How Community Health Workers Impact Diabetes Care

This content originally appeared on diaTribe. Republished with permission.

By Andrew Briskin

Andrew Briskin joined the diaTribe Foundation in 2021 after graduating from the University of Pennsylvania with a degree in Health and Societies. Briskin is an Editor for diaTribe Learn.

Two major factors that lead to poor outcomes for people with diabetes are food insecurity and a lack of social support. Community health workers can address these issues, connecting people with diabetes to the resources they need.

Community health workers (CHWs) play a crucial role in addressing public health, particularly in communities with lower socioeconomic status and higher rates of chronic diseases, such as heart disease or diabetes. Two of the most significant social determinants of health impacting these communities – food insecurity and social support – can have a profound effect on the ability of people with diabetes to manage their condition. CHWs can play a direct role in addressing these factors by connecting people with resources to access healthy foods, helping them advocate for themselves, providing nutrition education, and connecting with and supporting individuals on a personal and community-wide level.

CHWs are typically members of the communities they serve, who are sometimes in a paid position and other times work as volunteers. Because of how important it is for CHWs to identify and communicate with the people in their community, they typically share the same background, ethnicity, and language. CHWs work in many locations throughout the community, which can include health clinics, government facilities, churches, food banks, other community centers/events, or traveling throughout the area.

Food insecurity is an economic and social condition of limited or uncertain access to adequate food, according to the US Department of Agriculture. People who deal with food insecurity are often only able to afford low-quality foods that lack nutritional value, have access to only a limited food variety, or have disrupted eating patterns (where you aren’t able to eat multiple balanced meals each day). For people with diabetes, these eating habits can be especially harmful when trying to manage things like weight and blood sugar.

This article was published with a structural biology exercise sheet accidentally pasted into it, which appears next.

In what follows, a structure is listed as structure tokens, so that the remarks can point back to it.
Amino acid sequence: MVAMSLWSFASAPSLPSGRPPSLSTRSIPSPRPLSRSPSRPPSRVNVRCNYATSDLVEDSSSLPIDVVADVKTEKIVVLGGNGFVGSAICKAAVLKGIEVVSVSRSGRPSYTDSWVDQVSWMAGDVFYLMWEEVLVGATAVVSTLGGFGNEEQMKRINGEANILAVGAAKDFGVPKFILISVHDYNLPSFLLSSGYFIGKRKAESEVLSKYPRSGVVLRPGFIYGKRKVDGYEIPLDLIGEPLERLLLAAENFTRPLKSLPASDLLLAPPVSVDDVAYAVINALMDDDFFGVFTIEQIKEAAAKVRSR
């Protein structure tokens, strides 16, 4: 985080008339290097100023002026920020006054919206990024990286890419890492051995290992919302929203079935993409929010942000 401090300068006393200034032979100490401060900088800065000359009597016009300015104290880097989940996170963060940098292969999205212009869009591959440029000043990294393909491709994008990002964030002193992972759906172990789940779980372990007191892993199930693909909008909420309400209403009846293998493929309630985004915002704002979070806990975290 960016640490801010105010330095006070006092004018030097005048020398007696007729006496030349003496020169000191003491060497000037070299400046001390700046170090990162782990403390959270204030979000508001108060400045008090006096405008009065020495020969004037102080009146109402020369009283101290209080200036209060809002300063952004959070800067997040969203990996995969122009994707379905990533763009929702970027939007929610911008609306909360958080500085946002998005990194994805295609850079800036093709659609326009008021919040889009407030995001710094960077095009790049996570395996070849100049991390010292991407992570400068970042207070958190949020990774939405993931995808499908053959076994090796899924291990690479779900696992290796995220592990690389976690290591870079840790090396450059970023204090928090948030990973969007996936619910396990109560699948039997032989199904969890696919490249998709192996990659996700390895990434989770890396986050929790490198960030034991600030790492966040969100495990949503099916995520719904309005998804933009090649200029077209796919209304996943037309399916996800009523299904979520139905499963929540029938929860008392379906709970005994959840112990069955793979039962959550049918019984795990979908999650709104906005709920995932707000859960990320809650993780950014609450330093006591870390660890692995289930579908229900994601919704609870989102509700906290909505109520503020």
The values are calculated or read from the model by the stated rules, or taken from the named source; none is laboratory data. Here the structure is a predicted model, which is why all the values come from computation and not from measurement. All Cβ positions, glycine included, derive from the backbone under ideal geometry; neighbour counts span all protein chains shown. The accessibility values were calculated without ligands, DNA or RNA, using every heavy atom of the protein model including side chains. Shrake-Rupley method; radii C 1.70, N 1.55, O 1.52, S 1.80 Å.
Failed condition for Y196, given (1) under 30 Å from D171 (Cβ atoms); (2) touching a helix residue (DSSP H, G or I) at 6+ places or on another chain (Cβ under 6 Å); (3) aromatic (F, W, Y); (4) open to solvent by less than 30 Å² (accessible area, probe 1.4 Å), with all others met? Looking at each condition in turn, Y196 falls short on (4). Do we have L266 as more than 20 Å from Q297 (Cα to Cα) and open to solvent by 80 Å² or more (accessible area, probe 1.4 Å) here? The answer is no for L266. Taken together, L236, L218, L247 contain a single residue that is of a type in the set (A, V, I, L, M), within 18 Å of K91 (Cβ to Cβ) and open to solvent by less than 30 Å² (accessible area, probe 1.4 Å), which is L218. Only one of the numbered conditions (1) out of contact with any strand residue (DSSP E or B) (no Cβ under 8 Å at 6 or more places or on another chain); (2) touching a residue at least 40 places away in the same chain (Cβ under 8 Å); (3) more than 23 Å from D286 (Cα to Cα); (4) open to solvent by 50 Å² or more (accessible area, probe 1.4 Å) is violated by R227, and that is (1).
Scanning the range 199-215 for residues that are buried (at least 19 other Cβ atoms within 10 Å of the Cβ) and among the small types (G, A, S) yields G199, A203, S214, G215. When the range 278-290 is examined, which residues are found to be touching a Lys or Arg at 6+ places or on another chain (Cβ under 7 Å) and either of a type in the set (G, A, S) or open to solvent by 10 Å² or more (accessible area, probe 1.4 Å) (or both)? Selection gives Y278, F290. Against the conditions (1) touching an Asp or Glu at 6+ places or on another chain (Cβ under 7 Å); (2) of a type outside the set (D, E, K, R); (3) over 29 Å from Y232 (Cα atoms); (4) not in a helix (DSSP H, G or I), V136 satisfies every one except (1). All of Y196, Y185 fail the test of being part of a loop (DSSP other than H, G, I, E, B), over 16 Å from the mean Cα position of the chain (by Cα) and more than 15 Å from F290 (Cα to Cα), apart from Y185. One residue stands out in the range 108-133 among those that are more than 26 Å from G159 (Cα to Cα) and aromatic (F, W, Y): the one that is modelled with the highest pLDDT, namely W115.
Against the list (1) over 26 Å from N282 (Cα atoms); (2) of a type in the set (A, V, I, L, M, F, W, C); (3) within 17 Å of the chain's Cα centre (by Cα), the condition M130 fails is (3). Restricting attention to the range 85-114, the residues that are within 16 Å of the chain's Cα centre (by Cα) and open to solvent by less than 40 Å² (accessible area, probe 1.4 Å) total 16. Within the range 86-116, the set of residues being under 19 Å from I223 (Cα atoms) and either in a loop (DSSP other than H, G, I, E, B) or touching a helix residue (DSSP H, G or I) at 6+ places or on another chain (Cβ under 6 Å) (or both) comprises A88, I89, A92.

Food insecurity, which is a growing problem throughout the United States, has been further exacerbated by the COVID-19 pandemic. Estimates for 2020 indicate that over 50 million people (or one in every six people) dealt with food insecurity in the United States, an increase of 4.1% since 2018. Rates of food insecurity among people with diabetes are also higher than the national average, with estimates suggesting that one in five people with diabetes face food insecurity during any given year, even without the COVID-19 pandemic adding additional stress.

At the ADCES 2021 conference last month, Dr. Anjulyn Ballard, a research and evaluation fellow at the CDC involved in advancing work of CHWs, said, “By CHWs addressing food insecurity and social support, health disparities can decrease significantly within communities.”

Dr. Betsy Rodriguez, senior public health advisor at the CDC Division of Diabetes who trains CHWs, focusing on reaching ethnic minorities and bilingual health communities, joined Dr. Ballard in the presentation. She said of CHWs, “Their advocacy can impact many healthcare-related issues such as improving health while lowering healthcare costs, improving access to primary care, and increasing screening for major conditions such as diabetes, just to name a few.”

Together, they outlined a few of the ways CHWs play an important role in addressing food insecurity and social support in the populations they serve. These roles include:

  • Advocating for individuals and communities. This involves connecting people with helpful resources while also encouraging people to advocate on their own behalf.
  • Conducting outreach. It’s important for CHWs to establish trust through regular communication with individuals in the community.
  • Coordinating access to healthcare. This includes making referrals to healthcare providers, ensuring that people make it to their appointments, and serving as a liaison between the clinics and the individuals assuring as many people as possible get the care they need.
  • Providing coaching and general social support. CHWs should be able to inform people on where to find community forums or others in the community that can provide social support.
  • Providing culturally appropriate health education. This means helping people understand the guidance they receive from their healthcare provider (for example if there are language or education barriers) and providing advice that considers the food, language, and traditions of the specific community they serve.
  • Addressing financial hardship and environmental needs. This involves encouraging people to apply for benefits such as SNAP and assisting them in the application process.

diaTribe recently spoke with Quisha Umemba, founder of Umemba Health, an organization that recruits and trains CHWs in Texas. A certified CHW instructor and diabetes care and education specialist, Umemba discussed how CHWs can support community members in addressing food insecurity and social support.